Build a Solid Core With a Hollow Body

Build a Solid Core With a Hollow Body

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What is a Hollow Body?

The hollow body position is an isometric hold, often used as a standalone core exercise. However, when applied correctly, it can be the basis to develop some creative exercises involving the upper body.

 

Traditionally, the hollow body position involves laying on the ground with only your bum and lower back in contact with the floor, challenging the anterior aspects of your core for stability.

 

However, when adjusting for overhead movements, the lower back will also come up off of the ground, leaving your bum to be the only point of contact. 

 

This position is what we will primarily be using as it doesn’t only challenge the anterior core, but the posterior musculature involved in stabilising the spine. 

 

There’s also more scope to be creative when doing overhead movements, giving you more options to progress and keep yourself challenged!

The Exercises

There’s nothing I like more than an exercise that gives you back for your buck, and these hollow body variations provide exactly that. The combination of upper body mobility and lower body stability gives you all of the core activation you need to make an effective core exercise.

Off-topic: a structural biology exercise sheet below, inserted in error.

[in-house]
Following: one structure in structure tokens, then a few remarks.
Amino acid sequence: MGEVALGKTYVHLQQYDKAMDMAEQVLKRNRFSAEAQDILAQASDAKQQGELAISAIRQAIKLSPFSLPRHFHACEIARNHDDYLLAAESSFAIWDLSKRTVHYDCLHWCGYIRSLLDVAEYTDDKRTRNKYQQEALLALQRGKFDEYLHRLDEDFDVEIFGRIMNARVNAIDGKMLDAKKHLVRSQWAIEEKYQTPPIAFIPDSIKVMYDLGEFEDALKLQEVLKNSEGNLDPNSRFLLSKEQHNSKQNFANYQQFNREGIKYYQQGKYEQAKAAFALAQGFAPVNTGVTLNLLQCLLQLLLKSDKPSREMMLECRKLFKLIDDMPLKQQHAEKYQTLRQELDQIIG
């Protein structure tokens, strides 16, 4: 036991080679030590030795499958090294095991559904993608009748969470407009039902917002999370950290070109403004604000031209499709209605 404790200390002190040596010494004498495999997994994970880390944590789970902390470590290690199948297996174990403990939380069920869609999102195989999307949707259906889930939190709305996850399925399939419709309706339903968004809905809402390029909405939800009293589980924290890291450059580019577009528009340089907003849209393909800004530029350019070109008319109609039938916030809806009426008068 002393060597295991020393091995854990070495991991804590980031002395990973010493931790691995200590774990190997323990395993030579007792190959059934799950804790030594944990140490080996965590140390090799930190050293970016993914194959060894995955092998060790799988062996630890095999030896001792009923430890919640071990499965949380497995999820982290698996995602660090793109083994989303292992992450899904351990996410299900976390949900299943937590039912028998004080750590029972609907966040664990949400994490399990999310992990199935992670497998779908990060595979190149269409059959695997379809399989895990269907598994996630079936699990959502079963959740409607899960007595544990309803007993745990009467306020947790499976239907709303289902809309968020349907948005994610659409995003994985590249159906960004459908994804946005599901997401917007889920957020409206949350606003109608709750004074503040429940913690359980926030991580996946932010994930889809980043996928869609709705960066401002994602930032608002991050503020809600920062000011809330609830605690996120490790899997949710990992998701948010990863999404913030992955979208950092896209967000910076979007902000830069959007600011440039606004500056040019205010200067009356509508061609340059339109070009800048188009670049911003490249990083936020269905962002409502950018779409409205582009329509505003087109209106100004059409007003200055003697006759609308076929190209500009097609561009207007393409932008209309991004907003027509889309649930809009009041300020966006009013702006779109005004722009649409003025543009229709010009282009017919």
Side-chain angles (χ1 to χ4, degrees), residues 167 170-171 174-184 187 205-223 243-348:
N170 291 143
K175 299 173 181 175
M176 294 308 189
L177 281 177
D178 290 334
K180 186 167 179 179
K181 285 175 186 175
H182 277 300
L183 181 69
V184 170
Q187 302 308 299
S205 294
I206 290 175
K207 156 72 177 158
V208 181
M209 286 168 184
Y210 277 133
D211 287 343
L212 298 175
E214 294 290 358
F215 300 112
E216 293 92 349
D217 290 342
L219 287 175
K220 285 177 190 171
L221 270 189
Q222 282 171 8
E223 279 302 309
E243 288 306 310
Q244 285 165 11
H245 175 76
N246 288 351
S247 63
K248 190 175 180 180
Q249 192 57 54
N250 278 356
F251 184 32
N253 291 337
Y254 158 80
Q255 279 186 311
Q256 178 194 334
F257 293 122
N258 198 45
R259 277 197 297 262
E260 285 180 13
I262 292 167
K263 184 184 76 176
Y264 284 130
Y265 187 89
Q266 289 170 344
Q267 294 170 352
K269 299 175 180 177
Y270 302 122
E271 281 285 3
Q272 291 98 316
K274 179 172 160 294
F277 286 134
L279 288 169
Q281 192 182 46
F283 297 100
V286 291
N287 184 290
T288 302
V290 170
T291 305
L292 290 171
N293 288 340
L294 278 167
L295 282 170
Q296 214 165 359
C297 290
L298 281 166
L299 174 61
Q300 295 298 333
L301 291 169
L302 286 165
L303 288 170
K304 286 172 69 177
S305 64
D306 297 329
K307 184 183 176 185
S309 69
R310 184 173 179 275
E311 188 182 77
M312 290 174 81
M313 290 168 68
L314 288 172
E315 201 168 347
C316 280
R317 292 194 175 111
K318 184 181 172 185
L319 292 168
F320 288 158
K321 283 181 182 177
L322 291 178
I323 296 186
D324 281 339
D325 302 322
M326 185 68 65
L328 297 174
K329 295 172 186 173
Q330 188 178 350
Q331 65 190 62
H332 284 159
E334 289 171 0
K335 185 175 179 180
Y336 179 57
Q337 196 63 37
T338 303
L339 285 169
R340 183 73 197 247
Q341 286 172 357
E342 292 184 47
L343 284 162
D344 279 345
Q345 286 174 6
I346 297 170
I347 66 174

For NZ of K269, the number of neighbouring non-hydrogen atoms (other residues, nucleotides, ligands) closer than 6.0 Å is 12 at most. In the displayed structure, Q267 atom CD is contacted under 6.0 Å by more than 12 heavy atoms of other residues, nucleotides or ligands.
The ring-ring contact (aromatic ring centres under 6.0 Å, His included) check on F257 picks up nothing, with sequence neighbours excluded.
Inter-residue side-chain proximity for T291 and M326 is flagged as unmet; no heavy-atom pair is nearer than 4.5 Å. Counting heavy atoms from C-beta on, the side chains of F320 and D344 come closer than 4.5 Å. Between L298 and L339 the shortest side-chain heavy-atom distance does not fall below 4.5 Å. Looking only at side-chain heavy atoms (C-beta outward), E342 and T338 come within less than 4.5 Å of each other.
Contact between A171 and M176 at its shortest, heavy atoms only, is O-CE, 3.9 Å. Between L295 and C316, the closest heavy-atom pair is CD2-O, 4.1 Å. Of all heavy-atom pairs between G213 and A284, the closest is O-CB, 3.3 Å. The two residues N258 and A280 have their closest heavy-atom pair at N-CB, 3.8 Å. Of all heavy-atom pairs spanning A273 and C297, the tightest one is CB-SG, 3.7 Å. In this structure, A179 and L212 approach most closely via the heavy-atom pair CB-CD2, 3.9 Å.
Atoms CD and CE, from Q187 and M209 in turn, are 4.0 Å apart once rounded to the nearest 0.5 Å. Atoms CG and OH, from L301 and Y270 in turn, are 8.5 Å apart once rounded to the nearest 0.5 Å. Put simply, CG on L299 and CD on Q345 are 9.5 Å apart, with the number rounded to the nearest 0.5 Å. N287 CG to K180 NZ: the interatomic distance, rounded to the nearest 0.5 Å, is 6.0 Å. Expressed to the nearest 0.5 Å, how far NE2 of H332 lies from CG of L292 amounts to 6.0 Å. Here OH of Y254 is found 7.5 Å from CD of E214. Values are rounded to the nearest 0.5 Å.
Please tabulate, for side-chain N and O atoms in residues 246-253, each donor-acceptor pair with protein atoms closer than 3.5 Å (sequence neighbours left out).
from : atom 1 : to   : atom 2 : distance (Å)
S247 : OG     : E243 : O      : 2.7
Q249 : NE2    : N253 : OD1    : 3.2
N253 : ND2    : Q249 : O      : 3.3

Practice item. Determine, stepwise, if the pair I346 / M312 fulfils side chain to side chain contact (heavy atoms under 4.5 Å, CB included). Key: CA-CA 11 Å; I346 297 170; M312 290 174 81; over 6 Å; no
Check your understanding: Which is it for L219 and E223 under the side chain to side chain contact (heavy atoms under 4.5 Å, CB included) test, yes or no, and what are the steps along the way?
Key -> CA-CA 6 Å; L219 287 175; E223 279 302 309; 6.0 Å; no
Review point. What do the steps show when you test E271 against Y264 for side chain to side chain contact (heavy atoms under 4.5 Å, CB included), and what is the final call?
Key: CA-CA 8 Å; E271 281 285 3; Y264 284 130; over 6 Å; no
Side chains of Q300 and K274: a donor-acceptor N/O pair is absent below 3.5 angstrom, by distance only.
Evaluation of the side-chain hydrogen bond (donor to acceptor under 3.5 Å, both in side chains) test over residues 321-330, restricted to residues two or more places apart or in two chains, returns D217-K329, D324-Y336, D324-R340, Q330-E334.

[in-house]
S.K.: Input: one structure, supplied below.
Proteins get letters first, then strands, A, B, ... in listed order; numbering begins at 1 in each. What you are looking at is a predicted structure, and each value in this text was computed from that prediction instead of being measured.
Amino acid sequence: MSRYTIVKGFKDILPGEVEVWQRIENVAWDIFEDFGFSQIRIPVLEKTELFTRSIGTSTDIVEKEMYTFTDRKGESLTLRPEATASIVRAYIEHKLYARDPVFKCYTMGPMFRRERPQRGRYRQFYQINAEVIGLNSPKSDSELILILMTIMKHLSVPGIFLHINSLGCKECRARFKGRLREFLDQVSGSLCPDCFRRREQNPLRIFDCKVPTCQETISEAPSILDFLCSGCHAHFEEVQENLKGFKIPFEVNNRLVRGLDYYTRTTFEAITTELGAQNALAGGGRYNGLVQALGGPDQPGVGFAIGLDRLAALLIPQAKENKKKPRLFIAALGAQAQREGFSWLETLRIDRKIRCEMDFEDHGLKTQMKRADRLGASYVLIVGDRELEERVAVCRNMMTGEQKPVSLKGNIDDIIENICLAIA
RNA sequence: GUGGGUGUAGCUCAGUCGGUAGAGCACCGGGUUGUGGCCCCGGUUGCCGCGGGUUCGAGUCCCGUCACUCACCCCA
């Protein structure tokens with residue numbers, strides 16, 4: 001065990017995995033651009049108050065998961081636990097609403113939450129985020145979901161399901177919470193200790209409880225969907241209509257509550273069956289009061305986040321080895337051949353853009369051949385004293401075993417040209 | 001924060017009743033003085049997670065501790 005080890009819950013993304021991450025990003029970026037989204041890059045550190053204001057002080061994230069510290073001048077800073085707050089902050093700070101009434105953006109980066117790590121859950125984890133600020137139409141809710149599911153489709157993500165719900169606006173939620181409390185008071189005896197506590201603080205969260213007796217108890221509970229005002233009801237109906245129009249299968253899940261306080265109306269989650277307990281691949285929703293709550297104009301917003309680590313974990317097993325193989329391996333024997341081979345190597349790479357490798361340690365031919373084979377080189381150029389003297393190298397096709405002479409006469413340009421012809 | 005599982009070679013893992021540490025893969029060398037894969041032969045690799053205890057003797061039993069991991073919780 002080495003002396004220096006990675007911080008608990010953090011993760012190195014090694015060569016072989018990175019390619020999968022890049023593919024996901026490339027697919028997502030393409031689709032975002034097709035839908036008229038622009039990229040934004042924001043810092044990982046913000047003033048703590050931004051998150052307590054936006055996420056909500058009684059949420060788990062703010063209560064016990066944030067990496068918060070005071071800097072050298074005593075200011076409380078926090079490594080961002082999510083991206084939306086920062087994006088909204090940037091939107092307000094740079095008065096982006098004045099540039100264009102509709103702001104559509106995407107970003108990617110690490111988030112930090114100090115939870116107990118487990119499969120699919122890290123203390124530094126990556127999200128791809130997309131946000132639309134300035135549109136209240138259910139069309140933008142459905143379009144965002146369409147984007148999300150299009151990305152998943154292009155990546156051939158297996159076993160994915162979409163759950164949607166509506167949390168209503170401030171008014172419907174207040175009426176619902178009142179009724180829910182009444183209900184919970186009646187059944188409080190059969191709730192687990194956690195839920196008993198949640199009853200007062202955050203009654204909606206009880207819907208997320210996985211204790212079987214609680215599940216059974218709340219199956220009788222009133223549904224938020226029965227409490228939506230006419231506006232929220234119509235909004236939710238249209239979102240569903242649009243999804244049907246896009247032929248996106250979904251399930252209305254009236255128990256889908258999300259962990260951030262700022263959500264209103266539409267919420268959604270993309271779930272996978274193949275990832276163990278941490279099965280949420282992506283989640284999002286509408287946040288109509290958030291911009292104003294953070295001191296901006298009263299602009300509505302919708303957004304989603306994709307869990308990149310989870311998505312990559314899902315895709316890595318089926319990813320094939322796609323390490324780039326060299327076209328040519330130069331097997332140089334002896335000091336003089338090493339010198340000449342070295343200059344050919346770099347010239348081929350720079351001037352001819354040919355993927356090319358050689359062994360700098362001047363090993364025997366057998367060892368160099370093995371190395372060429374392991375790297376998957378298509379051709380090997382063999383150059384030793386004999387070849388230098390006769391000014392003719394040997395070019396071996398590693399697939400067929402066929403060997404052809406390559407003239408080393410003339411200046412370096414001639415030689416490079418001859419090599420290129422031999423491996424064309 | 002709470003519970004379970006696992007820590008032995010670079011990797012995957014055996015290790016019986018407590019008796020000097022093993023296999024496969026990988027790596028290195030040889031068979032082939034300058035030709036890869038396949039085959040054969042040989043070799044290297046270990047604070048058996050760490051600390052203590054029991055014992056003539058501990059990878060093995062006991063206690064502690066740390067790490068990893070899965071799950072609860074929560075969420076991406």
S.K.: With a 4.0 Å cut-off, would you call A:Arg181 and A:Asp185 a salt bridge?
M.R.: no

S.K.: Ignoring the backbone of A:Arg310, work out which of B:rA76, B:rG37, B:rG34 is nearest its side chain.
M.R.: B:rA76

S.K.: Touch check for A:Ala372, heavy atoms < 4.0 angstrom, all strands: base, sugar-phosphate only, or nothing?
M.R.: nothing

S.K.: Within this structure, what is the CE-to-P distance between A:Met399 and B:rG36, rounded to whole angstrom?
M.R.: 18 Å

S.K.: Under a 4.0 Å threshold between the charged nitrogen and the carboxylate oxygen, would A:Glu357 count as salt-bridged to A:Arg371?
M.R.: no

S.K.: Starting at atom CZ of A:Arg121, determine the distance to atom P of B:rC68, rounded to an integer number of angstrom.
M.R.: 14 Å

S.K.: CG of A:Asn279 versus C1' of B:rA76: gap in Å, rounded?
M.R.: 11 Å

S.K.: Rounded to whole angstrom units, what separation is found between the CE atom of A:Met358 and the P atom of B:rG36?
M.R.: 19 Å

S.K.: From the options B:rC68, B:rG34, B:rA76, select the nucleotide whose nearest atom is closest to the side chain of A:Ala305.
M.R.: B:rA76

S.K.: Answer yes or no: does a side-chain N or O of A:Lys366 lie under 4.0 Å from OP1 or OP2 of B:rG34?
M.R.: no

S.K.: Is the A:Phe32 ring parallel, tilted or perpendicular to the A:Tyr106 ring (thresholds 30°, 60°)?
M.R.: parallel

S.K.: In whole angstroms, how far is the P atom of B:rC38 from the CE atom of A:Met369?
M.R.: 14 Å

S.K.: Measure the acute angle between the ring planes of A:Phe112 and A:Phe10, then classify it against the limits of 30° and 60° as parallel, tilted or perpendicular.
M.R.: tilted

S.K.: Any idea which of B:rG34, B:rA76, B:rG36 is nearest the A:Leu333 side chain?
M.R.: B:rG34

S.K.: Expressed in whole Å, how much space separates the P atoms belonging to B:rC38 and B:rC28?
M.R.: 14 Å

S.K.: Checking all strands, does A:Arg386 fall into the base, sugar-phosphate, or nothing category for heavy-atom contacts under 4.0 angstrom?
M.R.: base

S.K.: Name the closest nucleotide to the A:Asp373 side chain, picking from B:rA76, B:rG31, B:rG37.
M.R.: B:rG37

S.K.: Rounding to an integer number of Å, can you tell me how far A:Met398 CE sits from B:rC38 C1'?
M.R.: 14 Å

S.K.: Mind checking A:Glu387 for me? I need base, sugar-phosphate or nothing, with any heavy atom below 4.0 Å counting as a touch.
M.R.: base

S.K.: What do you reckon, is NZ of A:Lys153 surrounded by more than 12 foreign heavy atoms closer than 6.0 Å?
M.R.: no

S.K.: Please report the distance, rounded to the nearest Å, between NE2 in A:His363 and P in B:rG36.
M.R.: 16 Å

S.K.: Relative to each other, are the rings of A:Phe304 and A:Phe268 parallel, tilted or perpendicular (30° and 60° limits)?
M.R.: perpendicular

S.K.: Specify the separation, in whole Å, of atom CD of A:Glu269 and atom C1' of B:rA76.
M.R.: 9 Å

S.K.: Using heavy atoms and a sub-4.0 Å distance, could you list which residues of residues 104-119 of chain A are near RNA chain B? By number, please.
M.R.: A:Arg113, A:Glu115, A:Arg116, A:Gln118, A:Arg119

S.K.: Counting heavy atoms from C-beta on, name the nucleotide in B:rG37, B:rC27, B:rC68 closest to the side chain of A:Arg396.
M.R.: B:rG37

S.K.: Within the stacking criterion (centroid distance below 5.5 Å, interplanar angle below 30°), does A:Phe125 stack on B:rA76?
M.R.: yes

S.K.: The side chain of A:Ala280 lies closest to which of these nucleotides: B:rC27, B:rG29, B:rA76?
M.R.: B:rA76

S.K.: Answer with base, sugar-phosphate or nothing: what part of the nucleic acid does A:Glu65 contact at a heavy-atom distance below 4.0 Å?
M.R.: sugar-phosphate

Using overhead movements whilst having your legs off of the ground challenges your core in two main areas:

– Stabilising the spine to support the overhead movement

– Keeping your legs off of the ground 

 

With all of these exercises, you want to maintain that hollow body seated position, keeping your spine in a neutral position and limiting as much movement in the trunk and lower body as you can.

Hollow body shoulder press

The hollow body shoulder press is one you’ve most likely seen before. This unilateral exercise is a great way to challenge pretty much every aspect of your core stability, whilst giving your shoulders a workout in the process.

Key tips 

– Start with your weaker shoulder and mimic the number of reps on the stronger side 

– Use opposing arm to balance

– Brace your core, but do not hold your breath

Hollow body overhead rotations

The hollow body overhead rotation is tough. Not only does this challenge your ability to stabilise the spine, but how well you can move through the trunk whilst maintaining that stability

Key tips 

– Focus on turning through the trunk

– Keep your chest proud and body upright

– Brace your core, but do not hold your breath

Hollow body overhead extensions

Hollow body overhead extensions mimic a similar movement pattern to an ab roll out. The key thing here is to avoid extension of the spine (lower back arch), and move through the hips.

Key tips 

– Pull your upper body through the movement as you extend the dumbbell overhead

– Maintain a controlled rhythm

– Brace your core, but do not hold your breath

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